Hot girls know that using sun cream daily, whether it’s hot or not, is vital for skincare.
Hot guys? Less so.
Studies have shown that men are significantly less likely to wear sun cream than women, with one US survey finding that only 18% of men regularly use sun cream on their face and exposed skin when going outside.
And a 2017 YouGov survey found that men were twice as likely as women to forgo protection, with 31% saying they do not use sun cream.
This is despite the fact that men are more likely to die from skin cancer (melanoma) than women: around 980 women die of skin cancer each year, compared with 1,400 men.
This is why Dr Paul Banwell, the founder of the melanoma and skin cancer unit (MASCU) in East Grinstead, says things need to change.
Why are men less likely to wear sun cream?
According to Paul, part of the reason why men are less likely to wear sun cream is simply that it’s less normalsied.
‘Women tend to have an SPF in their moisturiser or their foundation,’ says Paul. ‘This means that women are likely to apply SPF daily without a second thought.’
Men on the other hand are much less likely to use such products, therefore go without.
Paul adds that many men view sunscreen as a ‘girly’ beauty product.
‘Women often use sunscreen to prevent premature ageing as well but men often don’t share the same motivation to do this,’ he says.
This is despite the fact that men are just as prone to ageing faster due to sun exposure.
Why men need to start prioritising SPF
According to Paul, rates of melanoma skin cancer among men in the UK have increased significantly more than rates of cancer for women, with an 8% rise in death rates for men.
‘Skin cancer is not only on the rise for men but it is more common in men,’ says Paul, adding that men are more prone to melanoma on their scalp and ears – spots which are usually missed when applying sun cream.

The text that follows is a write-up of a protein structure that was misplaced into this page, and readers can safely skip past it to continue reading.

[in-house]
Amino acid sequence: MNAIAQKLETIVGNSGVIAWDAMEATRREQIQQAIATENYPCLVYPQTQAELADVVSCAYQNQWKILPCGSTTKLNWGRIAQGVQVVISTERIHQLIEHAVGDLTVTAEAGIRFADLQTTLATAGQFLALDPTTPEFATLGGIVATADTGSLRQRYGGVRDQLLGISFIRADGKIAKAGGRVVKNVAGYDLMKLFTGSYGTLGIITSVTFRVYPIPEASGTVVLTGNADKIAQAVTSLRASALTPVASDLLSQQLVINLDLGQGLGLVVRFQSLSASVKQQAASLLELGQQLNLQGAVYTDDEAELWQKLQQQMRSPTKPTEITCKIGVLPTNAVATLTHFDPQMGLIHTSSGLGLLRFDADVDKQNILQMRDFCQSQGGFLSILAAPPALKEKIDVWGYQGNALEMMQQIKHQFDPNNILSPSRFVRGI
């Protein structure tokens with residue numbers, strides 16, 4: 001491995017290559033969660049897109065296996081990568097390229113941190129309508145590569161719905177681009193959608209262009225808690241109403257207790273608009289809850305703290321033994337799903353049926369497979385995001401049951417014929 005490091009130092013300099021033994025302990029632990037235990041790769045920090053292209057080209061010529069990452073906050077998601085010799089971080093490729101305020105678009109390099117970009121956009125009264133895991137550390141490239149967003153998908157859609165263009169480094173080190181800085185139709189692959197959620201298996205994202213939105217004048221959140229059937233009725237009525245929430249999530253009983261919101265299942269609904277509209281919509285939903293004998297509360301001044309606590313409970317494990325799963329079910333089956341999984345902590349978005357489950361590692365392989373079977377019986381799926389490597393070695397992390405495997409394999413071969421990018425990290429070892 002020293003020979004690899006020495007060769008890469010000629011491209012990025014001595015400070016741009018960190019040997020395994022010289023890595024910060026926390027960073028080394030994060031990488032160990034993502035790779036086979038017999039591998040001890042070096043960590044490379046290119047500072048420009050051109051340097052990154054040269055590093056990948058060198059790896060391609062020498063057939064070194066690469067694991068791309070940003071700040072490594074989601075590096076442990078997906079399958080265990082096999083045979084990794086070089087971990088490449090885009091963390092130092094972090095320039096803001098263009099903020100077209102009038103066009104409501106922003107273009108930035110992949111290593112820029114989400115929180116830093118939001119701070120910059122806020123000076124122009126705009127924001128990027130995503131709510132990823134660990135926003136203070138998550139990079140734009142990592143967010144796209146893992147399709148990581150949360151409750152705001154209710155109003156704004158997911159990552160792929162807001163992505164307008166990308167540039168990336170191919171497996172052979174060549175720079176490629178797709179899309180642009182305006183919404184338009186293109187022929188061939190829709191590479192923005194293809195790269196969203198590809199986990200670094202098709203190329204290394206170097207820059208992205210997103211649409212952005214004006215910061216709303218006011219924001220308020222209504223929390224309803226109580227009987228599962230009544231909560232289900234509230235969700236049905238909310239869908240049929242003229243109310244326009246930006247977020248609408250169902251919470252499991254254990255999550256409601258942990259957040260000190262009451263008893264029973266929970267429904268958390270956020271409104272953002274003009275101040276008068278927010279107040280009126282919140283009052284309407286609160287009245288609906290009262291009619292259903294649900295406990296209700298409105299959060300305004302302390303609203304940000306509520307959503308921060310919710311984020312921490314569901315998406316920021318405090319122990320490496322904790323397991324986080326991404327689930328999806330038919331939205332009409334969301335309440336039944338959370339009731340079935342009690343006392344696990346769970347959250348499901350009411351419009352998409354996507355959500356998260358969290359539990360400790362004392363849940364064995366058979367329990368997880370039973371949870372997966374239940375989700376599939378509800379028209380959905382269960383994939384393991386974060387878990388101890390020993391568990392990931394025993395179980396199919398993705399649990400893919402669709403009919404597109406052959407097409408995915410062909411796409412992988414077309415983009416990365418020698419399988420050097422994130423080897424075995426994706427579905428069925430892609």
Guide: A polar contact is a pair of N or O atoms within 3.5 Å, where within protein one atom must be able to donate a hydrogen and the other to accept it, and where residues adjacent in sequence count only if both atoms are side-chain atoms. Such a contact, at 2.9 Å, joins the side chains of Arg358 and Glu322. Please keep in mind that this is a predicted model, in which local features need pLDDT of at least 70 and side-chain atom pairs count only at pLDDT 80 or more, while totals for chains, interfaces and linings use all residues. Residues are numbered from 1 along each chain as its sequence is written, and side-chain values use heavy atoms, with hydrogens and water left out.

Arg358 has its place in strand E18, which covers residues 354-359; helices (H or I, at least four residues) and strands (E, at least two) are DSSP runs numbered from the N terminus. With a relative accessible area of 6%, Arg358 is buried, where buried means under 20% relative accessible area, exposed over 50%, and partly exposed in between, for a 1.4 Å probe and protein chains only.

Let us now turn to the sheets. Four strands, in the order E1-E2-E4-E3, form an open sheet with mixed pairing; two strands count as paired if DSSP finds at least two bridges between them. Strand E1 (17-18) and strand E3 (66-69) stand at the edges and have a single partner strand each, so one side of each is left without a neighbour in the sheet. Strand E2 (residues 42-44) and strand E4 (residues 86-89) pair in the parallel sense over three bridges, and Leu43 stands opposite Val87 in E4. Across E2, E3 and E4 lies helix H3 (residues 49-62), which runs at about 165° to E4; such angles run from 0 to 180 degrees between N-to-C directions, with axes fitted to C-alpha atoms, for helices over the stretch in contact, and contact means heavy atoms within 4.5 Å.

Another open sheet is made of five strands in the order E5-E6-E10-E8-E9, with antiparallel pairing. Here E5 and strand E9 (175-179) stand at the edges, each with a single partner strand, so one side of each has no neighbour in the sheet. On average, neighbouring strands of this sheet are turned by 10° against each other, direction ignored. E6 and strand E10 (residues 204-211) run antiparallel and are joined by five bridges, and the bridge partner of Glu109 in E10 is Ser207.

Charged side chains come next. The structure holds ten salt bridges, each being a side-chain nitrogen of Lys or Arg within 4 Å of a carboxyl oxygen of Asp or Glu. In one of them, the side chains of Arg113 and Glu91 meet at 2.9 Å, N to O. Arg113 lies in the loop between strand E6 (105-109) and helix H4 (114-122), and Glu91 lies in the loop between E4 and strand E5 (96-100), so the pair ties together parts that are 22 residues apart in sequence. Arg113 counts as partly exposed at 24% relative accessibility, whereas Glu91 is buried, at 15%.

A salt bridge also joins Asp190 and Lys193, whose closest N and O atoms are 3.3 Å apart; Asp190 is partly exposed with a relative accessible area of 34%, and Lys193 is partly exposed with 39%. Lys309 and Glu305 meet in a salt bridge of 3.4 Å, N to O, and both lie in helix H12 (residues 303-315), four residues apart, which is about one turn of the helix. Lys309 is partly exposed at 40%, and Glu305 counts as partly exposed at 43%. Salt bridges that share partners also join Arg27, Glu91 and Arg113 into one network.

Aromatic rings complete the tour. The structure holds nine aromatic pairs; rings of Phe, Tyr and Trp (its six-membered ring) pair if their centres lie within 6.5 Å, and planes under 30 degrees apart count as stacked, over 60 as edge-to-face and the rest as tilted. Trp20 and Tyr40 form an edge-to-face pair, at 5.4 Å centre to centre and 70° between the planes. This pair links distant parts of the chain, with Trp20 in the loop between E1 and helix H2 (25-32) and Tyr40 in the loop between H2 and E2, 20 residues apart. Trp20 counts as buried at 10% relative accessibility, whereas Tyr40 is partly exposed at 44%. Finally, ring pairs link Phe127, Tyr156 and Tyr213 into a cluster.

He says that men need to focus on commonly-missed spots, which also include eyelids, lips, back of the neck and tops of the feet.
With most cases of skin cancer being caused by overexposure to UV rays from the sun, it’s imperative that men start prioritising the use of sun cream every single day.
‘It’s essential that a greater emphasis is placed on the importance of regular SPF application, even when it’s not sunny,’ says Paul.
‘Also, men need to use an improved system for checking the back for moles.
‘This can be done with the help of a partner or by using a phone to take pictures and monitor changes.’
Use the ABCDE checklist for checking moles for skin cancer:
- ‘A – asymmetry, when half the mole doesn’t match the other
- ‘B – border, when the outline of the mole is irregular, ragged or blurred
- ‘C – colour, when it varies throughout and/or there appears to be no uniform colour
- ‘D – diameter, if it’s greater than 6mm
- ‘E – evolving, or changes in the mole.
Dr Sagar Patel, dermatology specialist at MyHealthcare Clinic
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